Scientists believe that the groundbreaking mRNA technology behind the COVID-19 vaccines could unlock treatments for deadly diseases, including cancer and HIV.
The COVID vaccine was discovered by hacking the body’s genetic blueprints, something that researchers believe can be used to further develop vaccines for cancer and HIV.
Traditional vaccines use a virus to teach the immune system to recognize the invader and destroy it.
The multiple types of COVID-19 vaccines being used in different countries all train the body to recognize the new coronavirus, mostly the spike protein that coats it.
Scientists believe that the groundbreaking mRNA technology behind the COVID-19 vaccines (file image) could unlock treatments for deadly diseases, including cancer and HIV
But they require different technologies, raw materials, equipment and expertise to do so.
The Pfizer and Moderna vaccines authorized in the US are made by putting a piece of genetic code called mRNA — the instructions for that spike protein — inside a little ball of fat.
Making small amounts of mRNA in a research lab is easy but ‘prior to this, nobody made a billion doses or 100 million or even a million doses of mRNA,’ said Dr Drew Weissman of the University of Pennsylvania, who helped pioneer mRNA technology.
AstraZeneca’s vaccine and the Johnson & Johnson vaccine are made with a cold virus that sneaks the spike protein gene into the body.
It’s a very different form of manufacturing: living cells in giant bioreactors grow that cold virus, which is extracted and purified.
According to Inverse, the COVID vaccines are the first mRNA vaccines to be approved for use.
For more than 25 years, scientists have been studying this vaccine approach.
And now, because the mRNA vaccines are here, scientists are looking at the potential to use the technology to create other breakthrough therapies for diseases like cancer HIV, Parkinson’s disease, and others, by preventing them.
Scientists at the University of Texas MD Anderson Cancer Center are also studying mRNA as a cancer treatment. A woman is seen getting a COVID vaccine in California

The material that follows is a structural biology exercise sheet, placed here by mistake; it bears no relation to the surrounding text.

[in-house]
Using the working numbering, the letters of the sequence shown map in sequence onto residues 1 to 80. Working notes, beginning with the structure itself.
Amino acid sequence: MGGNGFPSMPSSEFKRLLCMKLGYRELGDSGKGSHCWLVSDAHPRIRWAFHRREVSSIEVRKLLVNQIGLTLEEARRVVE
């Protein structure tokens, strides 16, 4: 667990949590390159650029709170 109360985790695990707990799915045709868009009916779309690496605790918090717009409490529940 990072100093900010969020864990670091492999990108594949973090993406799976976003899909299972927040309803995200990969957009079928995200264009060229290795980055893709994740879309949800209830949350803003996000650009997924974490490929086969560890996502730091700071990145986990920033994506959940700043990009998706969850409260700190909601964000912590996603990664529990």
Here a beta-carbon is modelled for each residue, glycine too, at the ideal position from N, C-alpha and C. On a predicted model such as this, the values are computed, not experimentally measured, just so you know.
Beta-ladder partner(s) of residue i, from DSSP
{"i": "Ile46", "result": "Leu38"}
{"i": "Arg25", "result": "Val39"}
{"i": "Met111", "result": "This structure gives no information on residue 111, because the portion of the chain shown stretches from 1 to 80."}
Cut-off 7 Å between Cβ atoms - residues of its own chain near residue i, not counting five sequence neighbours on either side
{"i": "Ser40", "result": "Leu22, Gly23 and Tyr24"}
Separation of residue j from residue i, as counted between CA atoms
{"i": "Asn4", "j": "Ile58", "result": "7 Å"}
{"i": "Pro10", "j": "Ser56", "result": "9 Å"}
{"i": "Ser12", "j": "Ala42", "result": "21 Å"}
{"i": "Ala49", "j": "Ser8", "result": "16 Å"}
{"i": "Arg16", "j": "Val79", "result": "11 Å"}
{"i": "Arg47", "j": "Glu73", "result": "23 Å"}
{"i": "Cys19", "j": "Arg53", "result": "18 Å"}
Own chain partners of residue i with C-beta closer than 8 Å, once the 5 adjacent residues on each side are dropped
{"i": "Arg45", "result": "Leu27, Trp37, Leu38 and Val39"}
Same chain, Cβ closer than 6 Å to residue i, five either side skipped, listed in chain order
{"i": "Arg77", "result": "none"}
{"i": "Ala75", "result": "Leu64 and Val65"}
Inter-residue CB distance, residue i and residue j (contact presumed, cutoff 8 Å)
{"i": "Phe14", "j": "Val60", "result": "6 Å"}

As BioNTech’s profile has grown during the pandemic, so has its value, providing funds the company can use to pursue its original goal of developing a new tool against cancer.
Ozlem Tureci, who co-founded the German company BioNTech with her husband, said last month: ‘We have several different cancer vaccines based on mRNA.’
Asked when such a therapy might be available, Tureci said ‘that’s very difficult to predict in innovative development’.
‘But we expect that within only a couple of years, we will also have our vaccines (against) cancer at a place where we can offer them to people.’
According to Inverse, scientists at the University of Texas MD Anderson Cancer Center are also studying mRNA as a cancer treatment.
Van Karlyle Morris, a gastrointestinal oncologist at the university, told the news site that he is leading a clinical trial to test mRNA vaccines as ‘personalized therapies for patients who have been treated for cancer, with the goal of further reducing the risk of the cancer coming back’.
Morris said that the study’s goal is to ‘demonstrate that such a vaccine would train the immune system to recognize pieces of mutated proteins which are found in any residual tumor cells — but not in other, unaffected cells in the body — after surgery and then to attack and kill those remaining areas of cancer’.
In California, scientist at Scripps University are looking at HIV as a candidate for an mRNA vaccine.
According to a press statement from the university, William Schief, a professor and immunologist at Scripps Research, his team’s study ‘demonstrates proof of principle for a new vaccine concept for HIV, a concept that could be applied to other pathogens, as well’.
‘With our many collaborators on the study team, we showed that vaccines can be designed to stimulate rare immune cells with specific properties, and this targeted stimulation can be very efficient in humans. We believe this approach will be key to making an HIV vaccine and possibly important for making vaccines against other pathogens,’ Schief said.
Schief’s team has so far developed a preliminary vaccine that shows promise for preventing infection with the HIV virus using the same technology as the Moderna vaccine.